How should Christians respond to this cultural moment of multifaceted anger, fear, and outrage? There is no lack of words right now in answer to that question. Surely you’ve already encountered countless articles, social media posts, and video commentaries full of statements and suggestions.
I don’t pretend to have groundbreaking words to add. But I am a pastor, and pastors shouldn’t be silent in moments like this. We need to shepherd our congregations through difficult and complex seasons.
Here are five words I shared with my Southern California congregation recently.
What we are witnessing should break our hearts. Injustice, hatred, vitriol, rage, rampage, revenge, brutality, destruction, oppression—all happening to God’s image-bearers. All done by God’s image-bearers. How can we not grieve over the reality of our rebellion against God displayed in such tragic, destructive ways? It is too easy to lead with anger, which rarely accomplishes the righteousness of God (James 1:20). We need to grieve as God grieves, calling not only for justice but also for mercy. If we do not first weep for our own sin, we will not have the perspective to work for reconciliation.
Resist the urge to take a side. Everywhere we look we are presented with false dichotomies: black vs. white, the police vs. the people, rich vs. poor, us vs. them. Resist every demand to submit to a false choice. Isaiah reminds us that all of us are on the wrong side. We all have gone astray—every one of us—turned to his own way (Isa. 53:6). I’m reminded of Joshua’s question to God’s angel: “Are you for us, or for our adversaries?” The angel replied, “No; but I am the commander of the army of the LORD” (Josh. 5:13–14). It’s not about which human side you are on. In the end, what matters is that you are on God’s. Resist any external pressure, or internal urge, to take any side but his.
It’s not about which human side you are on. In the end, what matters is that you are on God’s.
In a world with such complex and systemic problems, and with so many competing voices with proposed solutions, we desperately need wisdom beyond our own. So listen to those who have proven to be sources of wise counsel. Listen to those who have different experiences than you do. Listen to a variety of voices and perspectives. In the social-media age, everyone wants to speak. As a Christian, be countercultural and listen. Be quick to listen, slow to speak, and slow to become angry (James 1:19).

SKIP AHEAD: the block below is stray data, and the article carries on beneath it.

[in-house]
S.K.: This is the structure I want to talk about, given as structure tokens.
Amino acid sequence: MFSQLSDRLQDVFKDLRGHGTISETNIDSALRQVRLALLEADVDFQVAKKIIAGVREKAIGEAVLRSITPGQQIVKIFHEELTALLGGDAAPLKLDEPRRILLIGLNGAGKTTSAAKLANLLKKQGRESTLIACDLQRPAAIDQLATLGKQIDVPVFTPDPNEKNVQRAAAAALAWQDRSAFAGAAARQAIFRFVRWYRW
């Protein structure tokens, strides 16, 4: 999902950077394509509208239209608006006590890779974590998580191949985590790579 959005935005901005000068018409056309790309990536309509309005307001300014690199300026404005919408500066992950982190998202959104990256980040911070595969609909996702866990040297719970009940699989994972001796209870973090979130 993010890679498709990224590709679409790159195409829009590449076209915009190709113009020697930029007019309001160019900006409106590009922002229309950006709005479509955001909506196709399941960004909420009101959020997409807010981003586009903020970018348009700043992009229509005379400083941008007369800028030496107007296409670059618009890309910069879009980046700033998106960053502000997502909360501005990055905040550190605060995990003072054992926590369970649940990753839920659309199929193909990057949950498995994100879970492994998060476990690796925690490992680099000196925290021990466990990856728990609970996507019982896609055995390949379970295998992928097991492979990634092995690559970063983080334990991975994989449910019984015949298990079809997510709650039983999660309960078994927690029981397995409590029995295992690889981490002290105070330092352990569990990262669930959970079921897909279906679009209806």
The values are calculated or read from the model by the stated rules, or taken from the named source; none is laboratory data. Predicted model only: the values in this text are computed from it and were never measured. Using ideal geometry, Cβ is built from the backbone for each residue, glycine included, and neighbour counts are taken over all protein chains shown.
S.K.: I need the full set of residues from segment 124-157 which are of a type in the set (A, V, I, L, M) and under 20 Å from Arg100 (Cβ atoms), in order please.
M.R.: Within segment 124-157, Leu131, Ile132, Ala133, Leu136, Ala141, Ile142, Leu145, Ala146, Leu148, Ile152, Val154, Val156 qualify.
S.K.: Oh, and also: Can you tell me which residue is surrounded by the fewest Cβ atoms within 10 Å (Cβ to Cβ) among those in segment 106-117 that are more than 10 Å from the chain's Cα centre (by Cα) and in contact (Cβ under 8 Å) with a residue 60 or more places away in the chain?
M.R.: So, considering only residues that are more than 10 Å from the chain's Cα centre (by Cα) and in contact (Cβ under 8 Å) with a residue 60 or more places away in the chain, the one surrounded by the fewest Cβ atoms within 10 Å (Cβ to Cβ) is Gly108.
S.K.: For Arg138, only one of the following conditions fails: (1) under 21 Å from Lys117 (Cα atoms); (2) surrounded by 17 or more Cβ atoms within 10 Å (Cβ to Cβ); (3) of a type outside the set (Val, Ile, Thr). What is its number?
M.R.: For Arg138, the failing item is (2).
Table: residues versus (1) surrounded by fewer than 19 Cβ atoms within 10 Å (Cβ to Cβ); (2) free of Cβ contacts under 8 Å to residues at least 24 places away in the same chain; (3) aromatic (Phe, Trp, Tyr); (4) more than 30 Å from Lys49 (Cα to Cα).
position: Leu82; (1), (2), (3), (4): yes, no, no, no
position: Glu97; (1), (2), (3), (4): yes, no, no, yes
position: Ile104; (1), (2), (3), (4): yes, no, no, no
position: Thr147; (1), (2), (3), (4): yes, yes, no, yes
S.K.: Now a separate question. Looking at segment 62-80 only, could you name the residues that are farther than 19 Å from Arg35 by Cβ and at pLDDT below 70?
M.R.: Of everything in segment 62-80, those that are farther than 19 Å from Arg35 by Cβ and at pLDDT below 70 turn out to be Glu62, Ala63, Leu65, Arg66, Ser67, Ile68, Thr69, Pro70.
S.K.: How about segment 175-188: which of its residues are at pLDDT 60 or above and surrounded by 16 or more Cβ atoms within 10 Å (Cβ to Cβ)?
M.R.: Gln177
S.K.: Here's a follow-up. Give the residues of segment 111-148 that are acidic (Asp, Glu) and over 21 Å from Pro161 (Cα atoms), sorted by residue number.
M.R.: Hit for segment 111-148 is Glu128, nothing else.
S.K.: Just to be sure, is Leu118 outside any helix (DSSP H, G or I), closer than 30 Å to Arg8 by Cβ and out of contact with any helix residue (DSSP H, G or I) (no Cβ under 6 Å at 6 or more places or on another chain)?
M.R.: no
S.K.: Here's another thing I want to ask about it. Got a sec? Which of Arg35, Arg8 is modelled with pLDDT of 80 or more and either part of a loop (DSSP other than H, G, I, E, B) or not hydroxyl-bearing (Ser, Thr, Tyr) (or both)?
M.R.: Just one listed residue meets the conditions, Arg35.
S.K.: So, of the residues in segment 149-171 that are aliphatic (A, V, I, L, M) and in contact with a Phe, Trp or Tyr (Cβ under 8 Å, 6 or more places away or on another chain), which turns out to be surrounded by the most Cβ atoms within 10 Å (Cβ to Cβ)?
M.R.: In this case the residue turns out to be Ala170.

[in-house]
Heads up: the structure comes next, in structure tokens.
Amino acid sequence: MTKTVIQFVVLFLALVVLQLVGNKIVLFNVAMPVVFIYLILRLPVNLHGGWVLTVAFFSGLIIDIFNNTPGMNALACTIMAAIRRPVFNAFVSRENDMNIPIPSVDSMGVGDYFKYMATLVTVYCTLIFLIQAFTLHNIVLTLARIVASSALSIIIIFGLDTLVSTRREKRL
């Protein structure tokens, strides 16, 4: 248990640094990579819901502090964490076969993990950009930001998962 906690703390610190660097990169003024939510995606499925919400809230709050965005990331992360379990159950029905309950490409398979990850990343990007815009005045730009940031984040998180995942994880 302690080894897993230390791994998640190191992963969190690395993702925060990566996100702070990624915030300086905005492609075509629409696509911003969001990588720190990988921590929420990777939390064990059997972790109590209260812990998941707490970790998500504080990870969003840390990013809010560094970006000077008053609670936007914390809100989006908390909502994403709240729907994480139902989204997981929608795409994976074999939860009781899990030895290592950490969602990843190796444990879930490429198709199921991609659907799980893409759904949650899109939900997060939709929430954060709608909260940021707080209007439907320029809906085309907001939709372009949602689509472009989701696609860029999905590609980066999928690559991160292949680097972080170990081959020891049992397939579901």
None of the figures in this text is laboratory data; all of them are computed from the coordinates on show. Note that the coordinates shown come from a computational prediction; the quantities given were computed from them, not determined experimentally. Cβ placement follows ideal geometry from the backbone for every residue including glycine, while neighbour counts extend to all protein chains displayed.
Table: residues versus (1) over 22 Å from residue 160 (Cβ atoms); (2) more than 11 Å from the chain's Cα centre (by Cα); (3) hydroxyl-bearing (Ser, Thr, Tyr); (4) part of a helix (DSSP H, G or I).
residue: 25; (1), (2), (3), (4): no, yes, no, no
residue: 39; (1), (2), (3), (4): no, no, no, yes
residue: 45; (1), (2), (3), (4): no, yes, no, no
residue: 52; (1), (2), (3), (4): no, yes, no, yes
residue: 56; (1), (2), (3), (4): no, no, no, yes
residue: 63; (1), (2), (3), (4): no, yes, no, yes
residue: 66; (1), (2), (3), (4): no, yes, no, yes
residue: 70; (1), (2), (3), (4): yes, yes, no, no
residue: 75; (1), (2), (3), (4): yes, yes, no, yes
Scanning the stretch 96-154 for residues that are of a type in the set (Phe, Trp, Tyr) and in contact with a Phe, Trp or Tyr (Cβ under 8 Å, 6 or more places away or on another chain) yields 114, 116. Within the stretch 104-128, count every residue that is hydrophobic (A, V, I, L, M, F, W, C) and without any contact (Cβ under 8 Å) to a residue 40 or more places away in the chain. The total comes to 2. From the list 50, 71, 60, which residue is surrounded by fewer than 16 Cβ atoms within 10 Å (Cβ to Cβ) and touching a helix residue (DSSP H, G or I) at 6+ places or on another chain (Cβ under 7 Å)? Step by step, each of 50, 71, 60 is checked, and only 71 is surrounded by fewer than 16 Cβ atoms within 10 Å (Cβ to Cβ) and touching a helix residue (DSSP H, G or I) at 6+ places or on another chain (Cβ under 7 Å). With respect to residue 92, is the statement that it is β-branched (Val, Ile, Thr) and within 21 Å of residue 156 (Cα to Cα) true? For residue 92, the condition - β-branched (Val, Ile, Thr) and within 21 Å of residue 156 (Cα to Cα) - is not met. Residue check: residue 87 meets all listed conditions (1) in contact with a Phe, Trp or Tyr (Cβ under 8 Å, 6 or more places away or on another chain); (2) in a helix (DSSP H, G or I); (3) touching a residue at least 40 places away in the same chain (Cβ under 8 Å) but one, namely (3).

Learn to inhabit the tension of the “now and not yet.” If you are a Christian, you are not a citizen of this world. You are a citizen of a “better country” yet to come (Heb. 11:16; Phil. 3:20). We are sojourners, strangers, and exiles here (1 Pet. 2:11). This means we are ambassadors of this other kingdom (2 Cor. 5:20), and we ought to live “now” with the reality of the age to come (Gal. 5:22–23; Titus 2:11–12), even as things are “not yet” what they will one day be (Titus 2:13). Help your church be the eschatological hope of humanity. The local church is the place where all of us expats (a person who lives outside their native country) gather—regardless of ethnicity, socioeconomic status, education, or political persuasion—to bear witness that only in Christ can the “two men become one” (Eph 2:11–14; Rev 7:9–10). The church is the hope of humanity because we acknowledge, and grieve, our rebellion against God. In the church we abandon “our side” and plead to be on God’s. In the church we listen to the wisdom from above (James 3:17) and the living Word (Matt. 17:5), and we implore all humanity, “Be reconciled to God” (2 Cor. 5:20).
In the social-media age, everyone wants to speak. As a Christian, be countercultural and listen.
In the midst of the chaos, confusion, hurt, pain, and anger of this season, God is working. I don’t know exactly how, or what the outcome will ultimately be. I don’t need to. God does not owe me this answer any more than he owes me anything else. God does not ask us to understand his ways (Isa 55:9)—he merely asks us to trust him, because he is merciful and full of compassion (Ex. 34:6; Deut. 29:29; John 6:67–69). No matter what happens around me or perhaps one day to me, the truth of Psalm 16:11 (my favorite verse in the Bible) will not change: “You make known to me the path of life; in your presence there is fullness of joy; at your right hand are pleasures forevermore.”
Don’t trust in man, family, or church. Don’t trust in circumstances. Don’t trust in the temporary. Trust ultimately in God.